$30,000 Beat-the-Benchmark Experiment Update – July 2013

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Here’s the July 2013 update for my Beat the Market Experiment, a series of three portfolios started on November 1st, 2012:

  1. $10,000 Passive Benchmark Portfolio that would serve as both a performance benchmark and an real-world, low-cost portfolio that would be easy to replicate and maintain for DIY investors.
  2. $10,000 Beat-the-Benchmark Speculative Portfolio that would simply represent the attempts of an “average guy” who is not a financial professional and gets his news from mainstream sources to get the best overall returns possible.
  3. $10,000 P2P Consumer Lending Speculative Portfolio – Split evenly between LendingClub and Prosper, this portfolio is designed to test out the alternative investment class of person-to-person loans. The goal is again to beat the benchmark by setting a target return of 8-10% net of defaults.

Summary. Values are as of July 1, 2013. 8 months into this experiment, the passive benchmark portfolio remains the leader despite a slight drop this month. The speculative portfolio has definitely been more volatile and is back to lagging again. As for the P2P portfolio, it is starting to look like LendingClub may perform better than Prosper. Prosper simply has more late loans in the pipeline, although I’m still hopeful for solid overall returns.

$10,000 Benchmark Portfolio. I put $10,000 into index funds at TD Ameritrade due to their 100 commission-free ETF program that includes free trades on the most popular low-cost, index ETFs from Vanguard and iShares. The portfolio was based loosely on a David Swensen model portfolio. Screenshot, click to enlarge:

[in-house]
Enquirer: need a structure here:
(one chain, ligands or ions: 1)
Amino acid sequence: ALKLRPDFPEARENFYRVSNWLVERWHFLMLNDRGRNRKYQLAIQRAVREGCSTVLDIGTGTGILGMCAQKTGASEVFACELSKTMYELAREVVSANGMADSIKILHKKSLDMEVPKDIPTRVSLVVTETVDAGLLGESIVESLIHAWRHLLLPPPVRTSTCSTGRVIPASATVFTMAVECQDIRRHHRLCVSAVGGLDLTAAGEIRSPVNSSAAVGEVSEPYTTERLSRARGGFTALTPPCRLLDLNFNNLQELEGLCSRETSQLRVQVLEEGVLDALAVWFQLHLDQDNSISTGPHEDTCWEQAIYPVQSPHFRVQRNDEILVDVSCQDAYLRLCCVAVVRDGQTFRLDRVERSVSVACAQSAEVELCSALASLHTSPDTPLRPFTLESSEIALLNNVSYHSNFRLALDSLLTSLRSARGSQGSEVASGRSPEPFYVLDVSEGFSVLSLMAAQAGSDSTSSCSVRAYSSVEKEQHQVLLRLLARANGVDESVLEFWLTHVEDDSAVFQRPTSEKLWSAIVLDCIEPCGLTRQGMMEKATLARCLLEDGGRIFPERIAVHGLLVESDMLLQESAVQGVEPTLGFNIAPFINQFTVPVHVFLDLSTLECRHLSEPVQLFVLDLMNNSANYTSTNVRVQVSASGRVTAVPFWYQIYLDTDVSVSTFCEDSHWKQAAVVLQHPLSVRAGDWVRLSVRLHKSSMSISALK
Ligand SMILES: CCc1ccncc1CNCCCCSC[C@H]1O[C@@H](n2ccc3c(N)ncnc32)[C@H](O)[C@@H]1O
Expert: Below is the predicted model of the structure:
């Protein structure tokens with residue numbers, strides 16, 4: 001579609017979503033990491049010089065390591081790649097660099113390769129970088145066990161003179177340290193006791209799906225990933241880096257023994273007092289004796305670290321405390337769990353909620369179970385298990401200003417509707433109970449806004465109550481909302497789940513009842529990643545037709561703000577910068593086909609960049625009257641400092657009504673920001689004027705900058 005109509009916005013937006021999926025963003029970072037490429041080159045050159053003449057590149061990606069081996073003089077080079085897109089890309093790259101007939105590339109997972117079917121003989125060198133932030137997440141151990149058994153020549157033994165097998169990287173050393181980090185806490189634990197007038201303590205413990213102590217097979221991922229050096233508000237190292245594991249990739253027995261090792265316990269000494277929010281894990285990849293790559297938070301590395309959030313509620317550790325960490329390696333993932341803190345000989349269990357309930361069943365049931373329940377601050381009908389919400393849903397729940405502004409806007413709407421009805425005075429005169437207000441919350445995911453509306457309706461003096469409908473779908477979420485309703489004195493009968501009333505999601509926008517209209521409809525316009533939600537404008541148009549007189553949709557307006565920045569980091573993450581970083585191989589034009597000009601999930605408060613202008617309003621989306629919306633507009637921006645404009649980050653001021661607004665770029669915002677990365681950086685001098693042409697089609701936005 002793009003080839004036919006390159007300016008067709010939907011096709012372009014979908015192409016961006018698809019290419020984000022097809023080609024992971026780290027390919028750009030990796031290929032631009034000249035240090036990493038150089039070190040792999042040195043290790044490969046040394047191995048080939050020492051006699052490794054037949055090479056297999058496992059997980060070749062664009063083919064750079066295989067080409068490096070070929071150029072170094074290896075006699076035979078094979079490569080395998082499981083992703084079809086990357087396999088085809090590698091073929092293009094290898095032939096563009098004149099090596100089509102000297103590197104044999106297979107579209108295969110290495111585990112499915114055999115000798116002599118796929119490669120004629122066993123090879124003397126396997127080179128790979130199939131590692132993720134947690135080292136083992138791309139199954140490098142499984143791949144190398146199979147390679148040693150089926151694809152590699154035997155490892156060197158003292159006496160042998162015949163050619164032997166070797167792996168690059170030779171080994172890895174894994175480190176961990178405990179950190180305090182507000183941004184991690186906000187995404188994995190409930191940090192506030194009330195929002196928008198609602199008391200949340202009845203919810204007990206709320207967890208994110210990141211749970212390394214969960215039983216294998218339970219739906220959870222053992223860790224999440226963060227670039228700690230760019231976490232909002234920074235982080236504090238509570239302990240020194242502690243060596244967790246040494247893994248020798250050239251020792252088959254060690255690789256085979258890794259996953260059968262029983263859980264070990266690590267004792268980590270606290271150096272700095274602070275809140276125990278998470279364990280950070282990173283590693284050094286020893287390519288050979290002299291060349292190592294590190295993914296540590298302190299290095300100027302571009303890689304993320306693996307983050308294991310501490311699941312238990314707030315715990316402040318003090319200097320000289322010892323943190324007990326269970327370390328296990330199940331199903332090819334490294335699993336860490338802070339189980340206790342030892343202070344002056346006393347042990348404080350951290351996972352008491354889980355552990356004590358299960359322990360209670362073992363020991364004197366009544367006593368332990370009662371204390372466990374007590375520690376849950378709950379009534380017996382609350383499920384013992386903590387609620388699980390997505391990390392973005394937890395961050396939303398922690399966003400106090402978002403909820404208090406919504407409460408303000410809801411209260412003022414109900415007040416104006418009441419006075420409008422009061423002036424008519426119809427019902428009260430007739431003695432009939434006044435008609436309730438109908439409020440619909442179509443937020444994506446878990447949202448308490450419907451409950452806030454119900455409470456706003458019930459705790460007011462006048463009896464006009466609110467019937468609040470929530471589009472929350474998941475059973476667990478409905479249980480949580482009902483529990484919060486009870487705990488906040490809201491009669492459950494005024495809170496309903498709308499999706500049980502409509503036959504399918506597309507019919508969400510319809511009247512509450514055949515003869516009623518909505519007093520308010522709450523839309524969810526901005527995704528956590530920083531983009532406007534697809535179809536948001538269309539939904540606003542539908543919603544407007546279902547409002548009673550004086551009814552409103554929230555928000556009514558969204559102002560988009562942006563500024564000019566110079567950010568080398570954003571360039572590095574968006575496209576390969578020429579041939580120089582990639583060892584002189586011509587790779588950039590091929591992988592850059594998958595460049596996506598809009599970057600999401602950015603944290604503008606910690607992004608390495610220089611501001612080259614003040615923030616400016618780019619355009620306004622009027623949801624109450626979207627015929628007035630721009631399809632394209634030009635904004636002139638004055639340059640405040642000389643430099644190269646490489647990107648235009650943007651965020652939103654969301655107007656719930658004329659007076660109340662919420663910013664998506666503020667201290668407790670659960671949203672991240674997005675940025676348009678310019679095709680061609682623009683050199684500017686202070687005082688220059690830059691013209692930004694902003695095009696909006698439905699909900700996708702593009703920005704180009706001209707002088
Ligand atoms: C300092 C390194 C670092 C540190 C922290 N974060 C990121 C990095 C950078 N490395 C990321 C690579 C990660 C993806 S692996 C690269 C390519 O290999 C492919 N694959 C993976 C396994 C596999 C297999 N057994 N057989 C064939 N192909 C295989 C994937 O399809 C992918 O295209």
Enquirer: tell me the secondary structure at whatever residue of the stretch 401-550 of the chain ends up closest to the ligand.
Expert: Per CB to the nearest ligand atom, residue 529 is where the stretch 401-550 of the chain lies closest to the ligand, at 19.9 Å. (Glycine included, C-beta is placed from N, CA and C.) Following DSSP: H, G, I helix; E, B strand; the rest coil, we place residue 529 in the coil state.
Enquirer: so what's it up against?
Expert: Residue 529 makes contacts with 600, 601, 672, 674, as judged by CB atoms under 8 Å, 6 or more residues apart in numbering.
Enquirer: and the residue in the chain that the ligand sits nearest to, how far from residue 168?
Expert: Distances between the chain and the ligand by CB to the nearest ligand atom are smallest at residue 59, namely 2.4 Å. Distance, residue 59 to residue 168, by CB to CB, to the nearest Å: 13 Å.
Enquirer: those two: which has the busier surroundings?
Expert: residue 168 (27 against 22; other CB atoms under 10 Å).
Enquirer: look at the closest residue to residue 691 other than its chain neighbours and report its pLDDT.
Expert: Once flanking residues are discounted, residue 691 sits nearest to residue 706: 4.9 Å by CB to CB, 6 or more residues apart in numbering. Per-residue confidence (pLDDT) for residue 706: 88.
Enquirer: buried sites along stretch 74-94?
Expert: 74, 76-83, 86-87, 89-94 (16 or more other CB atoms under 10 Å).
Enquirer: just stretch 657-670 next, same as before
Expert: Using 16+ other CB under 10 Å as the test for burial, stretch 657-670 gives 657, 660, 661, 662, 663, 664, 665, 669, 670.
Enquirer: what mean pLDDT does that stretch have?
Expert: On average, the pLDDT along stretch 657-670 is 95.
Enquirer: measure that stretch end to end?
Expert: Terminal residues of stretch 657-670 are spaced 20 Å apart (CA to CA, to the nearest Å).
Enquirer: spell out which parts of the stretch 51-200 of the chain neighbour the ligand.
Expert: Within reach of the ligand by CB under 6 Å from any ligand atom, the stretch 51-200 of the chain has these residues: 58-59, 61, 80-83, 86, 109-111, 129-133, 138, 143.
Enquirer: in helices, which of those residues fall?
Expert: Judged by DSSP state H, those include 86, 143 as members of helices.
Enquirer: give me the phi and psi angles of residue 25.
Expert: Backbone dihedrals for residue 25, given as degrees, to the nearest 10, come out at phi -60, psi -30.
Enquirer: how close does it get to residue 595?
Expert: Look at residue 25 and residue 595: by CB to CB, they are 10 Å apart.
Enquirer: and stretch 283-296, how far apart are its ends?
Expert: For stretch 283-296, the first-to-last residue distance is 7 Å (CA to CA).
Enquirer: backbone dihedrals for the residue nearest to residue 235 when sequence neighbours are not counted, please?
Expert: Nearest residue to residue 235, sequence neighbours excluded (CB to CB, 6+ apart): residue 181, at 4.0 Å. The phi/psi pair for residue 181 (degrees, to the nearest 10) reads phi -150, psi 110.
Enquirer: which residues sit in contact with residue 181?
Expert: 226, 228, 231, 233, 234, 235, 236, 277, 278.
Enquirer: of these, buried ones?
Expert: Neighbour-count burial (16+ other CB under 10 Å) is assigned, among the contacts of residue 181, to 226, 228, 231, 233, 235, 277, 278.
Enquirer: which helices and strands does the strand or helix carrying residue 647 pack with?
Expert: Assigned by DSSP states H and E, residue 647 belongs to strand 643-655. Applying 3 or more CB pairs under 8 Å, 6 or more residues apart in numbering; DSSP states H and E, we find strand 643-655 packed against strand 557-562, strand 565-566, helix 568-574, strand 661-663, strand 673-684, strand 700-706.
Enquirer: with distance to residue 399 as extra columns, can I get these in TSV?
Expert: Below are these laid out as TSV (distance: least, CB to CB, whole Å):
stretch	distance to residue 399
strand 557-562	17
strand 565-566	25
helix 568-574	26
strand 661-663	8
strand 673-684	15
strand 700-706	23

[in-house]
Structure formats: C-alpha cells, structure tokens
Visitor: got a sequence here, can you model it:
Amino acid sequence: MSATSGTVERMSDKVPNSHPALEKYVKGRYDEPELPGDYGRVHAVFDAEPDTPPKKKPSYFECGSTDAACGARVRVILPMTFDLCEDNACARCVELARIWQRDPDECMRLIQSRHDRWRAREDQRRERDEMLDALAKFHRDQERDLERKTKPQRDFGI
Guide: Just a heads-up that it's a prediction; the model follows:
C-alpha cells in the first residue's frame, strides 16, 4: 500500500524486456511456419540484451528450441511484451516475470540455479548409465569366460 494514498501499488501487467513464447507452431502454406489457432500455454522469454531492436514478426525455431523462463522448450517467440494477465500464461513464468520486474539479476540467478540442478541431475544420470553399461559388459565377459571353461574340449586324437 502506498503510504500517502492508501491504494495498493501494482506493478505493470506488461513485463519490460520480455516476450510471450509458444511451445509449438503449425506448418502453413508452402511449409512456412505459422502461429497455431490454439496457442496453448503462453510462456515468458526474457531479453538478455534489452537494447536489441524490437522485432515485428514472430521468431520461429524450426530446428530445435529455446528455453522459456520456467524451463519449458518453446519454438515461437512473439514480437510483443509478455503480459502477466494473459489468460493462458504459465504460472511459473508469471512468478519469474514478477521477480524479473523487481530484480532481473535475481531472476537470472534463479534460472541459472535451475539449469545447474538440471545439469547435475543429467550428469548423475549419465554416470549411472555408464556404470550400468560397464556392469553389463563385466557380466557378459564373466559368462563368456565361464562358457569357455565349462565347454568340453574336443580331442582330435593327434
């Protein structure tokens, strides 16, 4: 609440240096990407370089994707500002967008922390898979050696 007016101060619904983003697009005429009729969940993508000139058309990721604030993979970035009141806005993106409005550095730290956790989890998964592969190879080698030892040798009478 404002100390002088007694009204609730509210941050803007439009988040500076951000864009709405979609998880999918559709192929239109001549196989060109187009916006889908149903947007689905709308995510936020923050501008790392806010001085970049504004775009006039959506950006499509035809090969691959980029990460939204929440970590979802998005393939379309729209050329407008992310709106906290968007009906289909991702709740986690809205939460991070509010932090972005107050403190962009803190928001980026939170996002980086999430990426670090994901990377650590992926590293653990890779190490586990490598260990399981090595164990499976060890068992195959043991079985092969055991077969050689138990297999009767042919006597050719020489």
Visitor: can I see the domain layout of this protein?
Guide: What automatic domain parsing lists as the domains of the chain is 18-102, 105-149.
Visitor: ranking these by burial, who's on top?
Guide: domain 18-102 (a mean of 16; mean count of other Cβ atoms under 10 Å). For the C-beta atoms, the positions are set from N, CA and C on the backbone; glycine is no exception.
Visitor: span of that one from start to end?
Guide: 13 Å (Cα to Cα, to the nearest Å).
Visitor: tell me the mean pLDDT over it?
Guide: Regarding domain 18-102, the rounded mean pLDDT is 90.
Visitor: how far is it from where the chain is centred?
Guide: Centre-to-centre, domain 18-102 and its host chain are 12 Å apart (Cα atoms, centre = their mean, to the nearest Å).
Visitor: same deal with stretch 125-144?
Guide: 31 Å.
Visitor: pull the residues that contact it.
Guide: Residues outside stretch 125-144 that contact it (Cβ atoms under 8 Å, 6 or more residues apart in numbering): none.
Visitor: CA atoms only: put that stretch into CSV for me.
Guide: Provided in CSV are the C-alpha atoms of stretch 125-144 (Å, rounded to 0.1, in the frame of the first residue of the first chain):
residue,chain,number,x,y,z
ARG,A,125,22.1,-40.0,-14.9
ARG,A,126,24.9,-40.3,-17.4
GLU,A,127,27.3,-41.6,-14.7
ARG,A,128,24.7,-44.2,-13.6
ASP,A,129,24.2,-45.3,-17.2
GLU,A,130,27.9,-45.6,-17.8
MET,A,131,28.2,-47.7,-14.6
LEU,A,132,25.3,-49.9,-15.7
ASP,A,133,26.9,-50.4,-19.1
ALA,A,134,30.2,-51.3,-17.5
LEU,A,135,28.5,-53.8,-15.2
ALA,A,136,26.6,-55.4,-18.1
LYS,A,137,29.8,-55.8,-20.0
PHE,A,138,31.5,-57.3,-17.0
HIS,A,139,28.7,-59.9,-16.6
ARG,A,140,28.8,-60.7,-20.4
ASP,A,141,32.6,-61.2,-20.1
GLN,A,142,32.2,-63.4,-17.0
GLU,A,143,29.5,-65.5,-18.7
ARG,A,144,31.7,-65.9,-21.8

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$10,000 Speculative Portfolio. Many people speculate with their money, buying and selling stocks now and then, but they rarely track their performance even though they may brag about their winners. Honest tracking is the primary reason for this “no-rules, just make money” account. I dropped $10,000 into a TradeKing account for this portfolio due to their low-cost $4.95 trade structure, free tax-management gain/loss software, and free dividend reinvestment. Screenshot:

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$10,000 Prosper and LendingClub Portfolio. For this one, I started with $10,000 split evenly between Prosper Lending and Lending Club, and went to work lending other people money and earning interest with an 8% target net return. So it’s also a race-within-a-race to see which option offers the best returns.

The LendingClub portfolio now has 225 current and active loans, 21 loans that were paid off early, and several in funding. One of the loans are less then 30 days late. Two of the loans have been charged off, which I had already written off after it went past 30 days late ($48). I also have about ~$22 in uninvested cash and ~$40 in accrued interest. Total is $5,302.

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My Prosper portfolio now has 227 current and active loans, 21 loans that were paid off early, and the rest in funding. 4 of the active loans are between 1-30 days late. Seven (!) are over 30 days late, which to be conservative I am going to write off completely (~$156 in remaining principal). Adjusted total is $5,364 – $156 = $5,208.

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  1. Perhaps a minor concern, but perhaps you might consider adjusting the scale on your graphs to make it easier to read the data at a glance.

    Granted, it might make fluctuations look a bit more exaggerated to the less-critical readers; however, given the nature of this site, I don’t imagine that be too great of a concern.

    For example, if the chart were shown in a range of say $8,000 to $12,000, with $500 increments showing, it’d be much easier to interpret the data.

  2. Can you change your scale on the chart so the gain or loss amount is readable? Or change to percentage gain or loss of principle?

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